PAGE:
In fact, January was fairly spectacular all around. I wrote through February, and in March I obtained a promising position with a promising young firm in Seattle.

And then, somehow, the year completely slipped the tracks and plummeted into a ditch from which it never recovered. Death, disaster, and looming economic ruin stalked our family like a great looming, stalking thing.

Well, I'm done with it.

Here's to a new year, full of promise and lacking in all dread!

And as a reminder, here's my traditional list of the first sentence of each month's first post concatenated with the last sentence of each month's last post. There will be, I fear, an unavoidable bit of recursion at the end.

The Year that Mostly Was


January: The LORD bless you and keep you! Prayers, well-wishes, and general good vibes actively encouraged.

February: The interview yesterday was with Alteon Training a wholly-owned subsidiary of The Large North American Aeroconglomerate. This afternoon, I walked the bounds, but I was unable to find any evidence of what our nighttime disturbance might have been.

March: Gary Gygax, who co-created the game Dungeons & Dragons and helped start the role-playing phenomenon, died Tuesday morning at his home in Lake Geneva. Alleluia!

April: More details soon. Thank you.

May: Please continue to pray for the soul of India Escobar. Thank you.

June: Tonight we chanted vespers. Your polar opposite is the Urûk-Hai.

July: WHEN IN THE COURSE OF HUMAN EVENTS, it becomes necessary for one people to dissolve the political bands which have connected them with another, and to assume among the powers of the earth, the separate and equal station to which the Laws of Nature and of Nature's God entitle them, a decent respect to the opinions of mankind requires that they should declare the causes which impel them to the separation. ... and therefore I believe the President and Vice President of the United States must be impeached.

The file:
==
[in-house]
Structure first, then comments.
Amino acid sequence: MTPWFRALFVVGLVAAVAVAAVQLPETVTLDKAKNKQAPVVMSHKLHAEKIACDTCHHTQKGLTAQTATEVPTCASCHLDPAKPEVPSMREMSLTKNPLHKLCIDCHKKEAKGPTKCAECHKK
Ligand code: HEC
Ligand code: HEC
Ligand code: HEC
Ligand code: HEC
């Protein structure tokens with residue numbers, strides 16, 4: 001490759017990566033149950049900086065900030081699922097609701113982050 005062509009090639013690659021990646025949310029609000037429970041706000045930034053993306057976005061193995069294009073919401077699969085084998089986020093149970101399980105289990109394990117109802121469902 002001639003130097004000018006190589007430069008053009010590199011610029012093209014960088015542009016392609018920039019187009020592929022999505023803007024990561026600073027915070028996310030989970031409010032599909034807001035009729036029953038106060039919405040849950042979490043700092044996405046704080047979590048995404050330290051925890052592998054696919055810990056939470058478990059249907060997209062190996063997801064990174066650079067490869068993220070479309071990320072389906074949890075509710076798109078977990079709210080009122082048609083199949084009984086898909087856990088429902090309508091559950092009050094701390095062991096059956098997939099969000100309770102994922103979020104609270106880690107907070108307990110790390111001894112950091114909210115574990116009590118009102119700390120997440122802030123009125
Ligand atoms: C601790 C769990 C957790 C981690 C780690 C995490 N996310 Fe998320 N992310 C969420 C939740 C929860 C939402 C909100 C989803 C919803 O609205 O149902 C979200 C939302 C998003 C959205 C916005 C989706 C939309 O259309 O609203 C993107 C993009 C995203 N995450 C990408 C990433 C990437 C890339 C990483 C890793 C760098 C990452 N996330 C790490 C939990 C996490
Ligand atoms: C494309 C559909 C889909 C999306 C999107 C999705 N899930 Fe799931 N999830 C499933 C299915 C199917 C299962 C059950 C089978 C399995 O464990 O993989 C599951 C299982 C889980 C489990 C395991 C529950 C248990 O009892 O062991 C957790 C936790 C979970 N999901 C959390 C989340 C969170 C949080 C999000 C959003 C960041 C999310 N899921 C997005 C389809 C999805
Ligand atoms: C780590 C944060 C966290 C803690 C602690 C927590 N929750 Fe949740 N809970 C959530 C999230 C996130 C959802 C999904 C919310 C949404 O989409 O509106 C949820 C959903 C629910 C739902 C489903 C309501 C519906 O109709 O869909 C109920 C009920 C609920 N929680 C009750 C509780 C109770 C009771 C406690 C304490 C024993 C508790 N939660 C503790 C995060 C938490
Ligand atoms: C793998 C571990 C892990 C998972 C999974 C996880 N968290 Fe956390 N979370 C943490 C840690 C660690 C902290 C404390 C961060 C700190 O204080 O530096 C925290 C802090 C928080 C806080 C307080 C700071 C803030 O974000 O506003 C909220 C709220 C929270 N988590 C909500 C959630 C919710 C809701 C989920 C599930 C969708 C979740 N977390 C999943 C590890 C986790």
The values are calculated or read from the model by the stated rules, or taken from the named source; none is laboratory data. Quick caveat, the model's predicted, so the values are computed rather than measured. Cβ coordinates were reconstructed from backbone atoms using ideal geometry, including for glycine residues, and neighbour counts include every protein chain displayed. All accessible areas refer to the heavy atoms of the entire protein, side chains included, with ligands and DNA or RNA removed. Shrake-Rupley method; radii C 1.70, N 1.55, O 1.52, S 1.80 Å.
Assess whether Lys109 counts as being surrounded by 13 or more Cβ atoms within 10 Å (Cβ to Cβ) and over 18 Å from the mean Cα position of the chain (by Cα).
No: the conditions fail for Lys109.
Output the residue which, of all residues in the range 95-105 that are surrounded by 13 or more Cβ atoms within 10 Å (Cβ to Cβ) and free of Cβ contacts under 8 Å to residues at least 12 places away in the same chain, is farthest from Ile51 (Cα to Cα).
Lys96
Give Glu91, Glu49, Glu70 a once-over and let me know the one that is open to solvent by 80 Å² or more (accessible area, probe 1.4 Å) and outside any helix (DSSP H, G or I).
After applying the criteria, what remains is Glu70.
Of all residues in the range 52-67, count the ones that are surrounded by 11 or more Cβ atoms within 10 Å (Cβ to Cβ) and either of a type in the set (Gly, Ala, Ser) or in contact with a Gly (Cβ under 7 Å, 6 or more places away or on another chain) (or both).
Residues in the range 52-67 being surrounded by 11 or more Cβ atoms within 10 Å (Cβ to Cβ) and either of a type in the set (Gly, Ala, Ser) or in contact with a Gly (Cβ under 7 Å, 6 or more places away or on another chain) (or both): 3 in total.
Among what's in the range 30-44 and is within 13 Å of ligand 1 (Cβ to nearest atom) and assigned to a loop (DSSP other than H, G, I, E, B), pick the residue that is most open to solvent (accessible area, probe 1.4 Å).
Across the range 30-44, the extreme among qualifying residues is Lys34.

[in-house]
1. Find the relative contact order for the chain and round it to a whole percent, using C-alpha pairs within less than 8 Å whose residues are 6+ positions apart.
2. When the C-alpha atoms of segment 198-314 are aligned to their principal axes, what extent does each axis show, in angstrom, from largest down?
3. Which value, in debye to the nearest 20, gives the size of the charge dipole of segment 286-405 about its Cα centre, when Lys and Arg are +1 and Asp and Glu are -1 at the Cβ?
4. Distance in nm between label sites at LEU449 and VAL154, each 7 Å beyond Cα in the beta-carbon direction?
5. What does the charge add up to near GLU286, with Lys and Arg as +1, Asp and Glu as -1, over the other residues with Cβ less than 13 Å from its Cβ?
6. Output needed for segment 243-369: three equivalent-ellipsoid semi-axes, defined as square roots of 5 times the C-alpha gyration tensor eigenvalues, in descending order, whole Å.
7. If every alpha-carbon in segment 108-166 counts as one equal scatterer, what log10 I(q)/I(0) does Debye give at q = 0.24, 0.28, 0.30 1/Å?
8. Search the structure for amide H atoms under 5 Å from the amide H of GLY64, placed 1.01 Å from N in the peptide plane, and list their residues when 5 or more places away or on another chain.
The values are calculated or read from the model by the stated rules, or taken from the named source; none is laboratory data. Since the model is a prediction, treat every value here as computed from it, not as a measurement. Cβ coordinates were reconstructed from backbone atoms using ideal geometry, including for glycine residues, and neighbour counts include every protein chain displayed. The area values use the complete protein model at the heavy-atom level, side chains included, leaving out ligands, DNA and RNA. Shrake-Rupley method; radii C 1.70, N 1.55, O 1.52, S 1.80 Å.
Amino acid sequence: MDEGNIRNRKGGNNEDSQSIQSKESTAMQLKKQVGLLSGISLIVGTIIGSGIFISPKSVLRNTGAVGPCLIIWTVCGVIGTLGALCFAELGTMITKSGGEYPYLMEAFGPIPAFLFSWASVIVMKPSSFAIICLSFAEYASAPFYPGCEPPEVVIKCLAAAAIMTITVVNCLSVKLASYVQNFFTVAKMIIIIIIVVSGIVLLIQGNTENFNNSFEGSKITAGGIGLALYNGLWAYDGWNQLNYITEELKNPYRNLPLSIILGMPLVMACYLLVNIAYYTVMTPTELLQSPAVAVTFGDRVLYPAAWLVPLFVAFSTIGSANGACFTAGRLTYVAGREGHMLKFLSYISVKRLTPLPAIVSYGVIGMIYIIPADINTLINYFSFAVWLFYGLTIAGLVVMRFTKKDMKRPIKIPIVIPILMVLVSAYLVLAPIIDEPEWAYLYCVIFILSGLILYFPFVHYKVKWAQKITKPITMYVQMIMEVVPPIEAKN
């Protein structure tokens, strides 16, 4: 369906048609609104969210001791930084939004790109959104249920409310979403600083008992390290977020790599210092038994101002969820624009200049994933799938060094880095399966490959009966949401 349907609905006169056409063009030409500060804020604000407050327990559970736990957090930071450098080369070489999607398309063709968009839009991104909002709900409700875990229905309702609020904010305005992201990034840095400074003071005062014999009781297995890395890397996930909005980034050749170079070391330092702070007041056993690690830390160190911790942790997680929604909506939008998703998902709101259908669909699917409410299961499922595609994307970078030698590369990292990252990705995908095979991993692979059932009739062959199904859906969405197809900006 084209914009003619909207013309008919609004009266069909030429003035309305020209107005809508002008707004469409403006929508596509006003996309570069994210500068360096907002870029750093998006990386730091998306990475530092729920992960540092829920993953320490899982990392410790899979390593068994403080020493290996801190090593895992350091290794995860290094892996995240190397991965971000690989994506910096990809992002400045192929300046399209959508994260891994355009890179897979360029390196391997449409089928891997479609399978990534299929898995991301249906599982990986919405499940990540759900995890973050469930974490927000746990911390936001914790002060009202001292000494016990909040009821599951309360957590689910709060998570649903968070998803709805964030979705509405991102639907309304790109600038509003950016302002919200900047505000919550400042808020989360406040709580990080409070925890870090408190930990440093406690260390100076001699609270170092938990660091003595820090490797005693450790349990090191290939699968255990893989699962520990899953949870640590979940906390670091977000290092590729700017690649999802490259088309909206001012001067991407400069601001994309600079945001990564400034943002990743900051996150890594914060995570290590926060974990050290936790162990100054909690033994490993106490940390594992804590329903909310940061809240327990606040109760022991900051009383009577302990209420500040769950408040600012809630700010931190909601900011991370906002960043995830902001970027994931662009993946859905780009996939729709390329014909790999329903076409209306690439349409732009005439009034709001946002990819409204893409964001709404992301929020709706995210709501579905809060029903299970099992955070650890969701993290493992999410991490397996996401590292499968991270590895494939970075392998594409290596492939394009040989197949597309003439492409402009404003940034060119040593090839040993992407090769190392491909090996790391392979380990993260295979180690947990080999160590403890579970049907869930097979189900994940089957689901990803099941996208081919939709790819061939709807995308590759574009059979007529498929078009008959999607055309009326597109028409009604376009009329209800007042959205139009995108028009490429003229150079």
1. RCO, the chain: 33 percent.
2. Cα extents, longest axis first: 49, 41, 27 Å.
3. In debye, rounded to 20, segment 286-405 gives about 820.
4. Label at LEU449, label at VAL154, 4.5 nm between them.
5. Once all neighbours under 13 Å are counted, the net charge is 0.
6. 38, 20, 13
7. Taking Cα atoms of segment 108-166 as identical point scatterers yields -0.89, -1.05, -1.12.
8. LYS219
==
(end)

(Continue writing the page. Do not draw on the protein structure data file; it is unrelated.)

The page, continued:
August: Bless you all for the love, the advice, and the support. Clearly, somebody in scheduling at the DNC has a sense of humour.

September: You decide. Roald Dahl was a spy.

October: It is useless to complain that your chefs cannot repair your automobile. Anybody looking for a writer?

November: Remember, remember the fifth of November, / gunpowder, treason and plot, / I see no reason why gunpowder treason / should ever be forgot. Please pray for my son, and for the drivers of these vehicles.

December: It has been some time since I've posted here, and longer still since I've posted regularly. ... and therefore I believe the President and Vice President of the United States must be impeached.

Some things I've learned from compiling this list:

My friends are good to me.

There are rather less political posts than I would have suspected.

I had exactly one LJ entry in October. And it was a whinge about work.

I had fewer posts this year than in some months of years past. I must change this. Even if I'm whinging (and I despise whinging nearly as much as I despise personal drama), there is some value to journaling it rather than bottling it.

May the new year prove more joyous for all!

(... and therefore I believe the President and Vice President of the United States must be impeached.)
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It has been some time since I've posted here, and longer still since I've posted regularly.

For this, I deeply apologise to you, my one loyal reader.

My only excuse is this: it has been a trying time, and I've been working long hours.

In the past few months, I've spent weeks at a time out of state. I've been to Charlotte, North Carolina; Palm Desert, California; Pittsburgh, Pennsylvania (twice, thank you); and most recently to Los Angeles, California.

I'm awfully tired of business trips, and there's another one in the offing: a return to Charlotte in the New Year.